Imagine writing such a book. What would it mean?
Every BBQ, dinner party, dentist’s waiting room, commuter flight would be interrupted by the phrase – I can’t believe you didn’t include [insert crap album here]… or the question – How could you include [insert awesome album here]?
But then such interruptions would be welcomed when contrasted with the alternative, the very good chance of receiving a punch in the face from any number of angry and upset 1927 or Uncanny X-Men devotees.
You would really want to love music. I mean LOVE it. Because, there’s a good chance the rest of your life will be spent defending your choices and if you didn’t LOVE it, you’d go f*%#ing nuts!
I love music, so I thought I’d join in.
I started formulating my list of best Australian albums – On the Beach by Neil Young, Love and Theft by Bob Dylan, In Rainbows by Radiohead – only to be told that being Australian was obligatory. Which, as you can imagine, I thought was very uncool, very un-rock’n’roll. So I gave up.
I held a copy of 100 Best Australian Albums today – it’s attractively laid out – but the rep wouldn’t let me look at the top ten – IT’S UNDER EMBARGO – oooohhh!!! – I humbly apologise for not knocking the rep to the ground and taking a peek… but my better nature got in the way… again.
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Here’s what the publisher has to say:
Australian music has a proud, colourful and successful history.
In 2008, Australian rock & roll turned 50.
This book names the best Australian albums of the last 50 years. It places each album in order (from 1 – 100) and discuses why each album deserves its place.
The entries will feature new interviews with the artists and the producers/managers involved in the recording and the release of the album.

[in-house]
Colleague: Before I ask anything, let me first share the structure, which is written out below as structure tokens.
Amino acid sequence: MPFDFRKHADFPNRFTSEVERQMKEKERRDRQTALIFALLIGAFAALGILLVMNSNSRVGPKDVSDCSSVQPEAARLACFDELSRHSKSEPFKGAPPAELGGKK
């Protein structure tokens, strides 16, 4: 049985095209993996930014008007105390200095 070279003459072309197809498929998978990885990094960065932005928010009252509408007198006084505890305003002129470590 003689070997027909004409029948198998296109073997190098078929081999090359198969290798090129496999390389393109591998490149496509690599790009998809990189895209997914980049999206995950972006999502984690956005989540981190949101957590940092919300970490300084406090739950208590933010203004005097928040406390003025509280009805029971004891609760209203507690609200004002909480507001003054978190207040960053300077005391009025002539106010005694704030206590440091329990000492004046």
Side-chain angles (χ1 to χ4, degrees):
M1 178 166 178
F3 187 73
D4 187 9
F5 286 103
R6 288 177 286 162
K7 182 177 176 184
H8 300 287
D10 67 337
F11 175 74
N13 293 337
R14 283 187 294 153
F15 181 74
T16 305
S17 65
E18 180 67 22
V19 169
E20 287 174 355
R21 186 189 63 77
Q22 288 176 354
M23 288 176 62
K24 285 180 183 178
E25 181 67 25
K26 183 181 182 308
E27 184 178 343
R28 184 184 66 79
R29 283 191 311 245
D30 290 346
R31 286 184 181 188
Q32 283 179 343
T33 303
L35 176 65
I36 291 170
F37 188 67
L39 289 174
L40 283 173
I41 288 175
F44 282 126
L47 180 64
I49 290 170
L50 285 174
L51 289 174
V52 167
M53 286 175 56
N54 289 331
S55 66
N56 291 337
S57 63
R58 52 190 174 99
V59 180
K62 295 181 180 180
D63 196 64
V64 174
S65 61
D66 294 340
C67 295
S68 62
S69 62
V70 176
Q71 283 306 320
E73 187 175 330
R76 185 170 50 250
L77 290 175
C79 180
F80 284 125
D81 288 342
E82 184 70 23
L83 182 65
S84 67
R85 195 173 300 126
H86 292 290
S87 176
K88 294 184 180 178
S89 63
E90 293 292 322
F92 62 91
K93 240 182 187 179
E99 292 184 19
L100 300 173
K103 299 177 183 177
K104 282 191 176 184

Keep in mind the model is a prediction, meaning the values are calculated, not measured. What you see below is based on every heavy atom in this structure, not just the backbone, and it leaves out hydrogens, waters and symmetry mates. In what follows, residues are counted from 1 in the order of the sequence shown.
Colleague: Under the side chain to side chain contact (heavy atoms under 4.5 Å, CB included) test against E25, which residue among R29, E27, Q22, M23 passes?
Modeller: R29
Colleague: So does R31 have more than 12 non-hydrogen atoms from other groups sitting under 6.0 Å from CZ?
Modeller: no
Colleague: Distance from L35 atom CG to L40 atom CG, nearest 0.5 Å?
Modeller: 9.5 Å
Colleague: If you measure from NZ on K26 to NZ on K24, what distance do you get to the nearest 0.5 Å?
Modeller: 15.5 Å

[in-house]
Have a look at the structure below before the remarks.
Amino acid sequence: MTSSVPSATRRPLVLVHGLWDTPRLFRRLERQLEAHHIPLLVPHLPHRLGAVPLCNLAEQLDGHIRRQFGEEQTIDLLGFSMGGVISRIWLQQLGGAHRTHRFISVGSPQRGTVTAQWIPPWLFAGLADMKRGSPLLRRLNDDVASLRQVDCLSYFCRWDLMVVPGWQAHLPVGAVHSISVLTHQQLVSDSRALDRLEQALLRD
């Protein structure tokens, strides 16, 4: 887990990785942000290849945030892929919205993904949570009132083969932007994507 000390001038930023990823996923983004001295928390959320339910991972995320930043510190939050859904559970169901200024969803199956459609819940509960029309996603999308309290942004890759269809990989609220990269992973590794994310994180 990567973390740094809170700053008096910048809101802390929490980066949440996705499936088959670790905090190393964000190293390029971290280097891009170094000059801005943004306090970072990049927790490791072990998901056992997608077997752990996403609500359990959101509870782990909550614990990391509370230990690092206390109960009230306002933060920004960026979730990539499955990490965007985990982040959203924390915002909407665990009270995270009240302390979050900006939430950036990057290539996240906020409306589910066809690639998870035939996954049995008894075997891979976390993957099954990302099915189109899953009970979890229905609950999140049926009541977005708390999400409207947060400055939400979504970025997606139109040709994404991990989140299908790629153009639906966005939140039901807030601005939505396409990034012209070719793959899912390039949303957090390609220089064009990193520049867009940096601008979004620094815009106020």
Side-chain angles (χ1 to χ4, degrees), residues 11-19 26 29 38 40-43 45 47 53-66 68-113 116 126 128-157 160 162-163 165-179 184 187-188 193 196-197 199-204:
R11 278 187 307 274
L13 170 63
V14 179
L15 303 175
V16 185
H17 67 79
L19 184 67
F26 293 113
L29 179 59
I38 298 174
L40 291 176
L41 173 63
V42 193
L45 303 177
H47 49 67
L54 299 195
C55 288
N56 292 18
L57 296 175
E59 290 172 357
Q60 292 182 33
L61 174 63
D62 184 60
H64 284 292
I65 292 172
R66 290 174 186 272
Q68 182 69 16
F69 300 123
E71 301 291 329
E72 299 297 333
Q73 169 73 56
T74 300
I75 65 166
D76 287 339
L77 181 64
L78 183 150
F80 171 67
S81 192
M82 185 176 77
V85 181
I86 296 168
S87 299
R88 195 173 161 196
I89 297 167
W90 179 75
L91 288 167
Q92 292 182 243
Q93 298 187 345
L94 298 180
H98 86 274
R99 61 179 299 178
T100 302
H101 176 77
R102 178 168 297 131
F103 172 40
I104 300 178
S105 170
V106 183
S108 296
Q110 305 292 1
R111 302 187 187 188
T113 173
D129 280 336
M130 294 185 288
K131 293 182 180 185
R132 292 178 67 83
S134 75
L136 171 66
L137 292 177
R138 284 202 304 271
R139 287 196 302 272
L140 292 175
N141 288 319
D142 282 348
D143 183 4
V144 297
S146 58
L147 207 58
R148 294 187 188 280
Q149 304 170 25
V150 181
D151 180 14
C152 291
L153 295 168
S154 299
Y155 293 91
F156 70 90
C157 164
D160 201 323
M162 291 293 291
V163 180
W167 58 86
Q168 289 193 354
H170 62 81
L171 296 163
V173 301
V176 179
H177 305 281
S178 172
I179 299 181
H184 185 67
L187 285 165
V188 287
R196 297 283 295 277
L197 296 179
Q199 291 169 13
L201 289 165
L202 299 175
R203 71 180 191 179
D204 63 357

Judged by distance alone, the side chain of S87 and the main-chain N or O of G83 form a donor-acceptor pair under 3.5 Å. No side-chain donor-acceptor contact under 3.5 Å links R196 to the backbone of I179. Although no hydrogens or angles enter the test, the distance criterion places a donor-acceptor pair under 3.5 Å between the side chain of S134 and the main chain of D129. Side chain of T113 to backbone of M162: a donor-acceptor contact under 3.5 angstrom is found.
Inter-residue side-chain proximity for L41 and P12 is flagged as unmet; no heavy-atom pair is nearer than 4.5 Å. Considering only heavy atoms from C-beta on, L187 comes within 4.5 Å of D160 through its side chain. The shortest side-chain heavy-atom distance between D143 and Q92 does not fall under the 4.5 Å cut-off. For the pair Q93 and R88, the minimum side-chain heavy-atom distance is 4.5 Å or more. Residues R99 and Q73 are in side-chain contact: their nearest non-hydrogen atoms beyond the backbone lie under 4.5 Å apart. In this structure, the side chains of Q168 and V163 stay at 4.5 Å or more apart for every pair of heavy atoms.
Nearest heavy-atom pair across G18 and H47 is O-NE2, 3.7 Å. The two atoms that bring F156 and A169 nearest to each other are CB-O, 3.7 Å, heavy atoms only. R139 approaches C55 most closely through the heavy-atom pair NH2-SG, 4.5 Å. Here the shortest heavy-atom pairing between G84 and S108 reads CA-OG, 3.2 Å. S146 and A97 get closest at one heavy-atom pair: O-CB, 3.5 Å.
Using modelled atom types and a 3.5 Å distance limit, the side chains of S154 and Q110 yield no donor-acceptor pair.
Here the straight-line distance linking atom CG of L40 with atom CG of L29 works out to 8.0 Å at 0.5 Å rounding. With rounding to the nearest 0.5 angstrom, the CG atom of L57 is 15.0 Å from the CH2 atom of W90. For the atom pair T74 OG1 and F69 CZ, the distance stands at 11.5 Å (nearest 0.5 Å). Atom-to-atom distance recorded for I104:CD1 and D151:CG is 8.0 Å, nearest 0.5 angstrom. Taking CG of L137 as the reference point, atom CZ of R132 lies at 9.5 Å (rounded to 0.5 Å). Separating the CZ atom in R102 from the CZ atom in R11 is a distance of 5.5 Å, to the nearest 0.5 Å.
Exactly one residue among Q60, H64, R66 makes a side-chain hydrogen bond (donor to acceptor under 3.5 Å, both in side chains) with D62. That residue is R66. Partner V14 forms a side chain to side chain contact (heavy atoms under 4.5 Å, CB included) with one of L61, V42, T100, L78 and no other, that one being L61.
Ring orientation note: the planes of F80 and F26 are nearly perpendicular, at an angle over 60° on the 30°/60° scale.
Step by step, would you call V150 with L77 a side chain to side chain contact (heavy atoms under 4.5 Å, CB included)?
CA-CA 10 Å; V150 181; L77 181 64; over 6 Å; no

“It wouldn’t be a good list if it didn’t polarise people and we hope that this list will. We also hope that it will get people sitting around comparing their favourites and discovering or re-discovering these great albums and others. With 70 years of loving and writing about Australian music between us, we shamelessly believe we’ve earned the right to write this book. And we think we’ve got it right. Let the debate begin.” – John O’Donnell, April 2010
Nick Hornby’s High Fidelity is the brilliant story of one man’s journey of self-discovery. When Rob – a thirty-five-year old record shop owner and music obsessive – is dumped by Laura he indulges in some casual sex, a little light stalking and some extreme soul-searching in the form of contacting every ex-girlfriend who ever broke his heart. An instant classic, High Fidelity is a hilarious exploration of love, life, music and the modern male.
Update: The author’s have been wise enough to include a few of my favourites in their 100 Best Australian Albums – Crowded House – Woodface, Avalanches – Since I Left You, Sarah Blasko – As Day Follows Night, Something For Kate – Echolalia, Bob Evans – Suburban Songbook, Bernard Fanning – Tea & Sympathy and Ben Lee – Awake is the New Sleep (Yes, I am a dork)
About the Contributor
While still in his twenties, John Purcell opened a second-hand bookshop in Mosman, Sydney, in which he sat for ten years reading, ranting and writing. Since then he has written, under a pseudonym, a series of very successful novels, interviewed hundreds of writers about their work, appeared at writers’ festivals, on TV (most bizarrely in comedian Luke McGregor’s documentary Luke Warm Sex) and has been featured in prominent newspapers and magazines. Now, as the Director of Books at booktopia.com.au, Australia’s largest online bookseller, he supports Australian writing in all its forms. He lives in Sydney with his wife, two children, three dogs, five cats, unnumbered gold fish and his overlarge book collection. His novel, The Girl on the Page, will be published by HarperCollins Australia in October, 2018.